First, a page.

The International Paralympic Committee (IPC) has banned Russia from participating in the upcoming 2016 Paralympic Games for allegedly violating international doping rules.
During his announcement IPC President, Sir Philip Craven, asserted that Russia has “catastrophically failed its para-athletes,” adding, “Their medals-over-morals mentality disgusts me.”
Russia’s Paralympians finished second on the medal table in London 2012 with 36 golds and 102 medals overall, ahead of ParalympicsGB in third place, with 34 golds and 120 medals overall. The omission of the Russian team will leave a huge gap at the Games and an obvious opportunity for other countries to achieve more podium results.
In a statement released yesterday, The British Paralympic Association responded to the situation saying: “While we have real sympathy for those individual Russian Paralympians not going to Rio who train and compete clean, it is crucial for the integrity of our sport that those involved as well as the public feel confident that all necessary measures are in place to tackle doping and the playing field is level. The British Paralympic Association therefore congratulates the IPC on taking a clear stand based on the evidence provided to the McClaren report and their own subsequent investigation. We believe they have followed a comprehensive and proper process throughout and taken a bold decision on the back of it.
Our main focus remains on our own preparation for the Rio 2016 Paralympic Games and will continue as we have been doing in our work with athletes and staff.”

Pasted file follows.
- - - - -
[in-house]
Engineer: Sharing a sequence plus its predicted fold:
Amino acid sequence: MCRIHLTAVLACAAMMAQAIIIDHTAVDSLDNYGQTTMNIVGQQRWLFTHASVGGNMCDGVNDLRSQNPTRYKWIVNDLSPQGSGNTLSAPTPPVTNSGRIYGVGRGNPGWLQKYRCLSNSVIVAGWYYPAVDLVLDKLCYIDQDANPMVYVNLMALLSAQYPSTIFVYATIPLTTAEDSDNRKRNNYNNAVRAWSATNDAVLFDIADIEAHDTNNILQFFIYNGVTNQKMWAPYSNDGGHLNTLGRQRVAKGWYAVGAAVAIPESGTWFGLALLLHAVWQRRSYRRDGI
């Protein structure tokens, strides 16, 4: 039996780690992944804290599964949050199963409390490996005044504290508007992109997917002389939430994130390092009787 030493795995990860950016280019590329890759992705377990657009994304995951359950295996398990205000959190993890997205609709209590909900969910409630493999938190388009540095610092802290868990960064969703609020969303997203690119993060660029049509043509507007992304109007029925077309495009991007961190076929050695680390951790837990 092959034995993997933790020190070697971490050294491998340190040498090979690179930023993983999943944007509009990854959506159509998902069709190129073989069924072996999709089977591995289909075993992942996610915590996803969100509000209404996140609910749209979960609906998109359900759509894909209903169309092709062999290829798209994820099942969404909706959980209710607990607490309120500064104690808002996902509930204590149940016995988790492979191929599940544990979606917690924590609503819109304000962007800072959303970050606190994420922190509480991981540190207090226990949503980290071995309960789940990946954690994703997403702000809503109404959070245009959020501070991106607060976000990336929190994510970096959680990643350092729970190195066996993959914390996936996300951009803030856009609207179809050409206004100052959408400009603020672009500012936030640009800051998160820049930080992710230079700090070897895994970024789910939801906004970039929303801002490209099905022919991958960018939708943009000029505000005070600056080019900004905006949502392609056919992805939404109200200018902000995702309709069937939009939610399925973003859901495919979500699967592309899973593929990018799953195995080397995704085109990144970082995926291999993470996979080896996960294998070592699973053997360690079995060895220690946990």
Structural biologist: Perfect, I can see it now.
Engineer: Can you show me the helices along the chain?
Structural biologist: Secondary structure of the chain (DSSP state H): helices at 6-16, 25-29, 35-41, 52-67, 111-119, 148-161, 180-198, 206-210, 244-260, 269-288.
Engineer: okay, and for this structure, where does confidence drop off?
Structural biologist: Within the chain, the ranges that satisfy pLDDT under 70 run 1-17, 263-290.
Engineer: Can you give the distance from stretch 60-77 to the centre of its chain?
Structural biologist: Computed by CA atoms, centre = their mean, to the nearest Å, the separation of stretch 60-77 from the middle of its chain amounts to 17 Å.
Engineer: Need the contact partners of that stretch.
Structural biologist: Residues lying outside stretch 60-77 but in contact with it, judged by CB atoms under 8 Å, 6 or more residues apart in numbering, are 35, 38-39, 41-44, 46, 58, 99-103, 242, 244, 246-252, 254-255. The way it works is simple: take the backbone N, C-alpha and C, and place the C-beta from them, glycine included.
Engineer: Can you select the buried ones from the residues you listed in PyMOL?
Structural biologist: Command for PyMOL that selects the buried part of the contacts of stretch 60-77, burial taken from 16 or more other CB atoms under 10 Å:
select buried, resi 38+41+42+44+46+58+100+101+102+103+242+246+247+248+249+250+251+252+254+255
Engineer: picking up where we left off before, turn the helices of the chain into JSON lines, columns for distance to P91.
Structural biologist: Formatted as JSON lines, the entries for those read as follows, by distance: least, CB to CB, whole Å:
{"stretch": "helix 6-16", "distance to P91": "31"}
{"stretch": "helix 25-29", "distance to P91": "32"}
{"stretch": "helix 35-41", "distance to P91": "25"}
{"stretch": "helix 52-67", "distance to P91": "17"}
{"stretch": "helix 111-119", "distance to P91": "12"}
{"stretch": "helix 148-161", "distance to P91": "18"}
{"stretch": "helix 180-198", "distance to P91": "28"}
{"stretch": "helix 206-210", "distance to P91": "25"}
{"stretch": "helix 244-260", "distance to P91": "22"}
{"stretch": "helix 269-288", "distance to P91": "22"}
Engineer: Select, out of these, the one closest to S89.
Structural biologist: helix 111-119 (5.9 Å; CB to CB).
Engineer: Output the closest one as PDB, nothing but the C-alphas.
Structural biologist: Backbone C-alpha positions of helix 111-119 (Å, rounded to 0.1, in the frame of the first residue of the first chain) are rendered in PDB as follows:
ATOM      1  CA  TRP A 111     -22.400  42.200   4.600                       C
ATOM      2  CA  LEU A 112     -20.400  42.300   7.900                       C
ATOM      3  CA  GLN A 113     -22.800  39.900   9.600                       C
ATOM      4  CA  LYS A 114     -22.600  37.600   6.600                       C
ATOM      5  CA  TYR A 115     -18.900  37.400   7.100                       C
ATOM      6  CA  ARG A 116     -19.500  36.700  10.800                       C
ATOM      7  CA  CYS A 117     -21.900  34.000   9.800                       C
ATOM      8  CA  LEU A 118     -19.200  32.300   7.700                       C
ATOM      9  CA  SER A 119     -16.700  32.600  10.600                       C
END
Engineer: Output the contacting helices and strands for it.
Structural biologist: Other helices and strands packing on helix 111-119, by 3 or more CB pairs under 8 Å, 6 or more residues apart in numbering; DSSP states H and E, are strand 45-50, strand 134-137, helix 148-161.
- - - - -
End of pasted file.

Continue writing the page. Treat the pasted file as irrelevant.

The banning of Russian athletes is a huge step to take and it has already been made clear by the Russian Sports Minister, Vitaly Mutko that they will be launching a swift appeal at the Court of Arbitration for Sports in Lausanne, Switzerland in hopes of getting a quick reversal before the Games commence on 7 September.
If the decision is upheld, it is likely to overshadow the Paralympics. Although competing nations want to win medals (and against clean athletes) they also want an opportunity to test themselves against the best as they do so. To eject the entire Russian team is clearly to eject innocent and hardworking athletes as well as the guilty.
With some of the best athletes out of the equation there will naturally be a devaluing of Paralympic success but the sanction is necessarily strong and the hope is that such a strong deterrent would mean that a repeat of the alleged doping violations would become even less likely.
Russia’s Olympic team also came to close to being exiled from Rio as well and indeed despite a blanket ban being recommended by The World Anti-Doping Agency (Wada) 271 of its 389 competitors were cleared to take part in the Games.
There is no doubt that sport cannot exist in a miasma of cheating, suspicion and scandal. If the allegations against Russia are proven to be true, the rest of para-sport will need to change. The anti-doping measures taken at para-sports events are not as vigorous as they are elsewhere. This will need to change in order to uphold the reputation of para-sports in the future.
Parasports also have an extra dimension that can complicate the picture in that many of the competitors will be taking medications and undergoing therapies that will now be under greater scrutiny even though individual athletes already carry certificates and accreditations in order to use them. Whether stronger anti-doping enforcement will affect certain athletes because of this remains to be seen.
For the moment, athletes need to be able to win and lose without suspicion. Funding, and livelihoods are at stake as well as the honest opportunity to have real achievements honoured on the greatest stage of all.